“There were cartoons examining media effects and how they were distorting facts and supporting al-Assad’s propaganda,” Seo said. “Those were the cartoons that received the most likes.”

Cartoons with a hypocrisy or oppression frame followed media influence in most likes generated. Freedom and sectarianism received the fewest. Media-influence cartoons were also the most shared, followed by international influence and hypocrisy. Those patterns held true for cartoons that generated the most comments as well. Media influence was once again at the top.

In terms of cartoon topics, martyrdom was the most effective, generating more likes and comments than others such as mental torture, al-Assad’s regime and others. However, in terms of which topics were more likely to be shared, mental torture rated the highest, followed by martyrdom, international influence and the Syrian regime.

When examined by types of characters featured, those with political leaders of other countries received the most likes, comments and shares.

Seo and her co-authors will present their research in May at the International Communication Association Conference in Seattle. The research is part of an ongoing line of work in which Seo has analyzed the role social media can play in social change. She has studied social media use during the Arab Spring, Twitter images used in the Israeli-Palestinian conflict and Internet connectivity in the Middle East. She is beginning a new grant-funded study in which she’ll analyze the Facebook use of al-Assad and opposition forces during the ongoing uprising and civil war. She was also selected as an emerging scholar by the Association for Education in Journalism and Mass Communication in recognition of her work.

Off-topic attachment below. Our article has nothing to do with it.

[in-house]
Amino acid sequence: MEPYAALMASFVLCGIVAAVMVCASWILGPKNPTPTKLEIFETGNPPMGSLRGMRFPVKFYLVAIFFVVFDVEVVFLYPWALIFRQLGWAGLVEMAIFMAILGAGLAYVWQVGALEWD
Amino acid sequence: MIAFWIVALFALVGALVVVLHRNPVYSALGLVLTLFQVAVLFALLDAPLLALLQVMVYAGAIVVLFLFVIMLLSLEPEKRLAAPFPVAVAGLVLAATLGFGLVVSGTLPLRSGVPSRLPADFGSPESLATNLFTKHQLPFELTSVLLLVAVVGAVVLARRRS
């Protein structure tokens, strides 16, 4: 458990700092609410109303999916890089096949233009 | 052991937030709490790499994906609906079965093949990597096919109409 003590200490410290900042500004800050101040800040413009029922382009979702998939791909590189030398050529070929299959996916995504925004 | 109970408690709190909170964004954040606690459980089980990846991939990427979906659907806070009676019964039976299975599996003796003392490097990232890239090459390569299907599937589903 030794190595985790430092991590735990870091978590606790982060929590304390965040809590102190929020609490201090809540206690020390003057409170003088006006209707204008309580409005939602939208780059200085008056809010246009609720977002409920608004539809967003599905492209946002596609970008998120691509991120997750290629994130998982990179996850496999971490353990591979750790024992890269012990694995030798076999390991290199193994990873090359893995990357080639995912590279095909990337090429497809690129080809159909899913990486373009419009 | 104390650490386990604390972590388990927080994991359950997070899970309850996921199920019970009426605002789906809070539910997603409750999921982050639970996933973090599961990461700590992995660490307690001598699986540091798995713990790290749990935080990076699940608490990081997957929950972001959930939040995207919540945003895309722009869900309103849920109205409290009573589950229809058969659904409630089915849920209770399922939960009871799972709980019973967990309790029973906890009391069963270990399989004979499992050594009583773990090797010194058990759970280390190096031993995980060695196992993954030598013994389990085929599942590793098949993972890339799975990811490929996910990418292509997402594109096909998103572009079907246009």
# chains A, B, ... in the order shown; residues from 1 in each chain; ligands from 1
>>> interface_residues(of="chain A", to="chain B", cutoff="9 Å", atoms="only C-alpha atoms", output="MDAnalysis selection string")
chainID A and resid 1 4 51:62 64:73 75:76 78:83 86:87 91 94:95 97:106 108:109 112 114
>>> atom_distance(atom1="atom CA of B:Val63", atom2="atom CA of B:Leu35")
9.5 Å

The analysis of Comic4Syria images not only adds to visual communication studies, it helps provide a deeper look at how Syrians viewed the uprising, especially important in a region of the world in which media censorship is common practice and crackdowns were common against both Syrian and foreign journalists.

“Social media has emerged as an important channel through which Syrian civilians document the Syrian revolution and people around the world get a glimpse of what was happening in Syria,” the authors wrote. “By analyzing political cartoons posted to the Comic4Syria Facebook page, this research helps provide a more nuanced understanding of digital media-facilitated communication practices in Syria.”

Mike Krings is a public affairs officer in the KU News Service.

Turkey Shuts Down Twitter

Turkey Shuts Down Twitter
By Emma Sinclair-Webb



In the run up to the March 30th municipal elections, the government of Turkey’s Prime Minister Recep Tayyip Erdoğan has closed down Twitter in the country.

On March 20th, Erdogan made an election speech in the western city of Bursa in which he threatened to “eradicate” what he called “Twitter Schmitter”. Then his office complained in a statement that Twitter had failed to abide by Turkish court orders calling for the removal of links in some tweets and that this might necessitate closure of the whole site.
 

 
Shortly afterwards, at around midnight local time, the Telecommunications Communication Directorate went ahead and closed down Twitter’s website in Turkey. The page that appears on the Twitter website states that the Directorate has applied a “protection measure” (closure order) on the basis of a March 20th Ankara prosecutor’s decision. Three earlier court orders are also mentioned and represent decisions to remove particular content following complaints without providing any detail.